Writing fears 101: Of grandmothers and brick walls


Amazing thing, social media. Allows you to connect with people around the world. And, depending on how you search and filter and interact, you can move beyond family and friends into virtually any type of group.

As you might imagine, I tend to look for writers in some of my adventures on such sites. It’s a way of sharing experiences, thoughts, suggestions and more. It’s a way to offer support.

Today, I came across a simple question. It was so simple, at least initially, that I raised an eyebrow toward it and then scrolled away. And because I scrolled away without deeply paying attention, I have zero clue who posted it. I doubt I’ll find it again.

But it wasn’t truly gone. It stayed with me. It hung around and kept popping up again and again. I found myself repeatedly attempting to work out an answer for it.

The question on this day was based upon incidents of violence. The person posting it explained that there were a couple of instances in an effort being written, and there was some concern about how readers might react. But there was a bit of a trick to the presentation. There was little explanation beyond what I’ve already shared. Simply put, it was whether or not to include violence in a book. That’s it. No additional details to help navigate a response.

At this point, I don’t recall the person that asked and I’m fairly certain I won’t find it again… at least not the specific post that got me thinking. So here, offered in a generic response to the base issue as I recall it, is a bit of an answer…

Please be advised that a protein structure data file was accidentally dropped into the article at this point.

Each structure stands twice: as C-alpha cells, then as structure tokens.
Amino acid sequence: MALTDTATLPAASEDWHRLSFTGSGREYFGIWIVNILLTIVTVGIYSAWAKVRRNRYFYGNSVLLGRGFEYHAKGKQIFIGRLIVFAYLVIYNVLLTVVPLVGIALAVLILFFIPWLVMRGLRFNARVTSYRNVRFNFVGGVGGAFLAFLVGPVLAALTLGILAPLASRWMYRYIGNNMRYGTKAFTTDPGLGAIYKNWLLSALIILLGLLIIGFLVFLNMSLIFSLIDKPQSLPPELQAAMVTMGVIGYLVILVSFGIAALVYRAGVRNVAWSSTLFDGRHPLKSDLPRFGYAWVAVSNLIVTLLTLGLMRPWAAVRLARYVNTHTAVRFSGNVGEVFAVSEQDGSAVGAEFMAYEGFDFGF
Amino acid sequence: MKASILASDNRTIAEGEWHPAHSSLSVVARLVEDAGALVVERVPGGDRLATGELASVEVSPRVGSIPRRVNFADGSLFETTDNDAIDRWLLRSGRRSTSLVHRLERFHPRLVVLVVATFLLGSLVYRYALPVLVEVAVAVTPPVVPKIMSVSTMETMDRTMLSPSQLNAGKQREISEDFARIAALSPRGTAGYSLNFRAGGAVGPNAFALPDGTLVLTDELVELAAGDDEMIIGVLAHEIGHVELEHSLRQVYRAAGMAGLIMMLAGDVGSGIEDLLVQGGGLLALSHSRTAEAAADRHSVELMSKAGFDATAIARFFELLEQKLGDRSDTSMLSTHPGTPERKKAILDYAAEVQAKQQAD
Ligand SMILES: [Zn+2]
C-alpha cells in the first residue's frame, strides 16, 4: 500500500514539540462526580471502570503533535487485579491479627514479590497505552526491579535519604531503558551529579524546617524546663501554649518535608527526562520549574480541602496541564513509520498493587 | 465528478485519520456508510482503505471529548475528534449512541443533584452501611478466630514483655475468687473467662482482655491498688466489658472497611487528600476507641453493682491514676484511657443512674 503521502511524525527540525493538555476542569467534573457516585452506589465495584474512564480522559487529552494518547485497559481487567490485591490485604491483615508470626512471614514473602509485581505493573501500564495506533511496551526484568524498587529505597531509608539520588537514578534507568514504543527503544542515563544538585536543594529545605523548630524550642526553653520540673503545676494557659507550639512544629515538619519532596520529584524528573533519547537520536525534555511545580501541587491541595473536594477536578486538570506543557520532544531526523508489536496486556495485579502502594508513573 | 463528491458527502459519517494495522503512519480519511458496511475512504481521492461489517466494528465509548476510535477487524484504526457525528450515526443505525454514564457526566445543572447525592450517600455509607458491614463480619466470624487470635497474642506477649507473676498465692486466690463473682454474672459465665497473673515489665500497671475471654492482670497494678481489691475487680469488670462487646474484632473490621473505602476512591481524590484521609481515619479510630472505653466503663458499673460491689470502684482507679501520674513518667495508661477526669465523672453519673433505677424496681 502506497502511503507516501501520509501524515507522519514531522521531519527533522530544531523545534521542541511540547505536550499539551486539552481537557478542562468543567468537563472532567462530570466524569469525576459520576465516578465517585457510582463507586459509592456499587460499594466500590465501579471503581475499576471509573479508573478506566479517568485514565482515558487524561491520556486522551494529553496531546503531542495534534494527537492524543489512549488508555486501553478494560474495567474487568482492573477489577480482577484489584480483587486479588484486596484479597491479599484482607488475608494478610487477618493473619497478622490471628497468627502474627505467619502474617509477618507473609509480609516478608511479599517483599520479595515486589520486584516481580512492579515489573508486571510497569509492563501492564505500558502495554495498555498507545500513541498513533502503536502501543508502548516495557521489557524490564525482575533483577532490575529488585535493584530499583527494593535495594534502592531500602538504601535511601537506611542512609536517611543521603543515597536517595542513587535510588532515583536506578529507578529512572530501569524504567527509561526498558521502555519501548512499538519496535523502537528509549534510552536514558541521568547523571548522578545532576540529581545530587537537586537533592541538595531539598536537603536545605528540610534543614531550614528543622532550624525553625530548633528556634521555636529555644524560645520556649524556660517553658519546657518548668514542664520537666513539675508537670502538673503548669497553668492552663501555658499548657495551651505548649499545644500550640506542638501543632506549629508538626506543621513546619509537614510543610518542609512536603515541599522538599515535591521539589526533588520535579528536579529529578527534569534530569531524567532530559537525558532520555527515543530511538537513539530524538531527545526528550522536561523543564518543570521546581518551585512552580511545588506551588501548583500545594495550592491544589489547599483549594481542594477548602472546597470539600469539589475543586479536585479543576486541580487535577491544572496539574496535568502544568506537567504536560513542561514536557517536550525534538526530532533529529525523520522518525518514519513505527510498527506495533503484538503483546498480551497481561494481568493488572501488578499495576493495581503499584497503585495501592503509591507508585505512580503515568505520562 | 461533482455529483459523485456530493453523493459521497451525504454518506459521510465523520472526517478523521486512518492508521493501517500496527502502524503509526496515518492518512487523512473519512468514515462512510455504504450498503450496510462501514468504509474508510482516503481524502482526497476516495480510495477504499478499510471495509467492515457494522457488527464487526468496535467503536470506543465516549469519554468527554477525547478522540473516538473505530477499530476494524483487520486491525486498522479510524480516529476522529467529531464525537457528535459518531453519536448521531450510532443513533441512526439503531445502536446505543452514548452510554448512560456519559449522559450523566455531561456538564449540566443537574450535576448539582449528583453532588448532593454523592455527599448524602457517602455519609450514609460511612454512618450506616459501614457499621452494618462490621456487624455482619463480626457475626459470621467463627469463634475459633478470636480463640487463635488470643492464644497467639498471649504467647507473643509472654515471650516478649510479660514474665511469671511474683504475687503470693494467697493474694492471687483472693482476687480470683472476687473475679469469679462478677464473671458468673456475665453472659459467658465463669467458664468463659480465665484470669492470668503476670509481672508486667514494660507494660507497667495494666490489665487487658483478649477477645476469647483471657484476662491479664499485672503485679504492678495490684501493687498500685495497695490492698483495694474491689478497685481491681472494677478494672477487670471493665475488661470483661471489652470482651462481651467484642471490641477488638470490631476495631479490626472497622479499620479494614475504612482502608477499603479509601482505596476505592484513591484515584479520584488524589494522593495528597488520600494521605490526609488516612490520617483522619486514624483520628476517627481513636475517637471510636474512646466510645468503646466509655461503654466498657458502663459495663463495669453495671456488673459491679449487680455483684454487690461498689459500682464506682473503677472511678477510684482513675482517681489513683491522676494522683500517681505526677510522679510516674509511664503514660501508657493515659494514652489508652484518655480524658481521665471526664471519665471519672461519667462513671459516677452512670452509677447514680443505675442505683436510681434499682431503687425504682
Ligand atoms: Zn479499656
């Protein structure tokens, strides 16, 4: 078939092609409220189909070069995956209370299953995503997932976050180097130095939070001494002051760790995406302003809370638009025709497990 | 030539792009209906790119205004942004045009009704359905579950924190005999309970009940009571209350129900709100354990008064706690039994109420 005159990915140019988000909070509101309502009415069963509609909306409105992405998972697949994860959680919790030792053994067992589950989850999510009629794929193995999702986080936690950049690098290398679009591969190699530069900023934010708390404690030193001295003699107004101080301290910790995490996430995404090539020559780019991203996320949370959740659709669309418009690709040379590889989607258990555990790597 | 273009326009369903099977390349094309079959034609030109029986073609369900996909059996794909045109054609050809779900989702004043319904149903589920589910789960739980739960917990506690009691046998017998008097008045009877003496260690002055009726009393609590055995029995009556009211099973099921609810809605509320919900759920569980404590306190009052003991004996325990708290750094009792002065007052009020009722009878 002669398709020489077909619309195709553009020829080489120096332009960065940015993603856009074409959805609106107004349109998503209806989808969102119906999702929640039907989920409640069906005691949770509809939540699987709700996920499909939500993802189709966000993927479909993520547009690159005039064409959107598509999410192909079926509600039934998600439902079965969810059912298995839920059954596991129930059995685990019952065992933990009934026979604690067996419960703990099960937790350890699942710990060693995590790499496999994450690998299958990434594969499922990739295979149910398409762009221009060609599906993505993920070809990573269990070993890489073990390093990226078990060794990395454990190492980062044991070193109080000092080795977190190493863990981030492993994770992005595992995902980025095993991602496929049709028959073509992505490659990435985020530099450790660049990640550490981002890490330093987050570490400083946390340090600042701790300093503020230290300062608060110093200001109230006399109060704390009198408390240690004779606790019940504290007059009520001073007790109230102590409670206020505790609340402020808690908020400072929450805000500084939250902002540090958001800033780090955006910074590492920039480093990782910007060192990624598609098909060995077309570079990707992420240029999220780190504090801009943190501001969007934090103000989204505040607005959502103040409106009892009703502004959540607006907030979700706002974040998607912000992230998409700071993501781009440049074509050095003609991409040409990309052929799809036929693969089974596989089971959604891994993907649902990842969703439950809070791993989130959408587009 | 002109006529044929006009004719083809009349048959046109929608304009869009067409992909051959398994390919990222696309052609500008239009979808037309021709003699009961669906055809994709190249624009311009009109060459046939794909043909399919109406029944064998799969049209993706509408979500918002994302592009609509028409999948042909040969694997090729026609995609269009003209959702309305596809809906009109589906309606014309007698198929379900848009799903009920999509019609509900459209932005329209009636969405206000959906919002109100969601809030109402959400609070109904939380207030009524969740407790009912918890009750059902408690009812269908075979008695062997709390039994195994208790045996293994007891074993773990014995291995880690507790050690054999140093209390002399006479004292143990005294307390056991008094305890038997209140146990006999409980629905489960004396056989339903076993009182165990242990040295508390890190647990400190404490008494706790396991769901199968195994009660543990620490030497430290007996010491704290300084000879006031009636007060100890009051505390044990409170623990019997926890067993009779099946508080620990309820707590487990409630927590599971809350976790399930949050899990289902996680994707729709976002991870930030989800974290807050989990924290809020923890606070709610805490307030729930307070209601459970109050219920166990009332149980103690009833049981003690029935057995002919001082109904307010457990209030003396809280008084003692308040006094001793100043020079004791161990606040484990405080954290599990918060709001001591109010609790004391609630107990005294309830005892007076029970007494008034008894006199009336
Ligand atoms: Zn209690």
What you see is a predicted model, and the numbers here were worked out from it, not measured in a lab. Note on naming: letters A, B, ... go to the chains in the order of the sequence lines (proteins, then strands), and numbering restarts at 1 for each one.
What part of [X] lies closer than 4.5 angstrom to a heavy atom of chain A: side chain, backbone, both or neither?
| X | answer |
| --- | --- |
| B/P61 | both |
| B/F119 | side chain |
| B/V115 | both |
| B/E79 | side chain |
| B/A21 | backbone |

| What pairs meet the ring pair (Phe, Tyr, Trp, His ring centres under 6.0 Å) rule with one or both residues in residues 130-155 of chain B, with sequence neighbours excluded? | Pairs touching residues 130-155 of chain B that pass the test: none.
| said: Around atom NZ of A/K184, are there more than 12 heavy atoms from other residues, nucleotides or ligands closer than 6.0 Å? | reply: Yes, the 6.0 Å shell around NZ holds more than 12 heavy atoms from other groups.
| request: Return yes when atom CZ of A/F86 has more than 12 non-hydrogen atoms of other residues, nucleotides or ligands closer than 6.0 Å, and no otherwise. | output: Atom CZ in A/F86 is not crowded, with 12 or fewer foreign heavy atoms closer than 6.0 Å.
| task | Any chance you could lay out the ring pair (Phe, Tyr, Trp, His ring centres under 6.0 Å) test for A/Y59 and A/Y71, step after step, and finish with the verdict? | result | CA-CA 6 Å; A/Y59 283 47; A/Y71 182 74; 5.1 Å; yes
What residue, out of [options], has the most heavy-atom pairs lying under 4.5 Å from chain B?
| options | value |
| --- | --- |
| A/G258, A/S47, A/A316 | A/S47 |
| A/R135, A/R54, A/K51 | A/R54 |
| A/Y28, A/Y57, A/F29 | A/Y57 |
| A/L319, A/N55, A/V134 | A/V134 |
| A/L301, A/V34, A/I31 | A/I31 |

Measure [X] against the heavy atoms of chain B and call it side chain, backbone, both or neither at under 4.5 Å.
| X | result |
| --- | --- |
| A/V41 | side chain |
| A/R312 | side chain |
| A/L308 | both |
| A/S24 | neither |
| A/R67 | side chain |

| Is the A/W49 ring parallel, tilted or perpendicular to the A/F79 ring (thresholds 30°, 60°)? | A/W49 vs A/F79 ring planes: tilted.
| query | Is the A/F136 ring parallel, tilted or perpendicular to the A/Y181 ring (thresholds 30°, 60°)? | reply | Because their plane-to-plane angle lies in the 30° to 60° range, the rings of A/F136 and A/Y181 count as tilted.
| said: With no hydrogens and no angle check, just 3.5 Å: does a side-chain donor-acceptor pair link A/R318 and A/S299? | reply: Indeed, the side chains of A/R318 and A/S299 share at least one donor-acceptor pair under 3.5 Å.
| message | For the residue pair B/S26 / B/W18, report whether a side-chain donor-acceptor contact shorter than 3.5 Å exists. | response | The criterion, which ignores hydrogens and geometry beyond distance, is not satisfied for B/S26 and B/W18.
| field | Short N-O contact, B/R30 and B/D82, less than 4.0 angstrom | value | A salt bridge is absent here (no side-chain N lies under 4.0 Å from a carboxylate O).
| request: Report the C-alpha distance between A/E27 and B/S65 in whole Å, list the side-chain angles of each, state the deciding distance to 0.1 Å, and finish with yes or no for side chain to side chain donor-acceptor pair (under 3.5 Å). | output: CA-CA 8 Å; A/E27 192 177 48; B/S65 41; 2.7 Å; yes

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Now hours since I first saw it, the exact wording eludes me. But the basic premise is there, knocking about in my head…

A person had a question about the existence of two incidents of violence in what I interpreted to be a manuscript they were writing. Concerns about how the audience would react. Nothing more offered. Simple and clean version: should a writer include scenes of violence or not.

I have been thinking about the idea off and on since I first read it. I’ve been trying to apply additional conditions and circumstances to the question, and then pulling those conditions and circumstances back since nothing additional was ever stated to validate applying them.

Two thoughts have emerged as the dominant parts of any response I develop for the question:

First – Quite quickly, my initial reaction was the grandmother scenario. The basic idea being when a writer wonders “How will my grandmother react if she reads this?” about an effort.

Second – The more the concept kept creeping back into my thoughts, the more I began thinking about my Brick Wall Writing Theory.

Those two set into place… let’s explore a bit…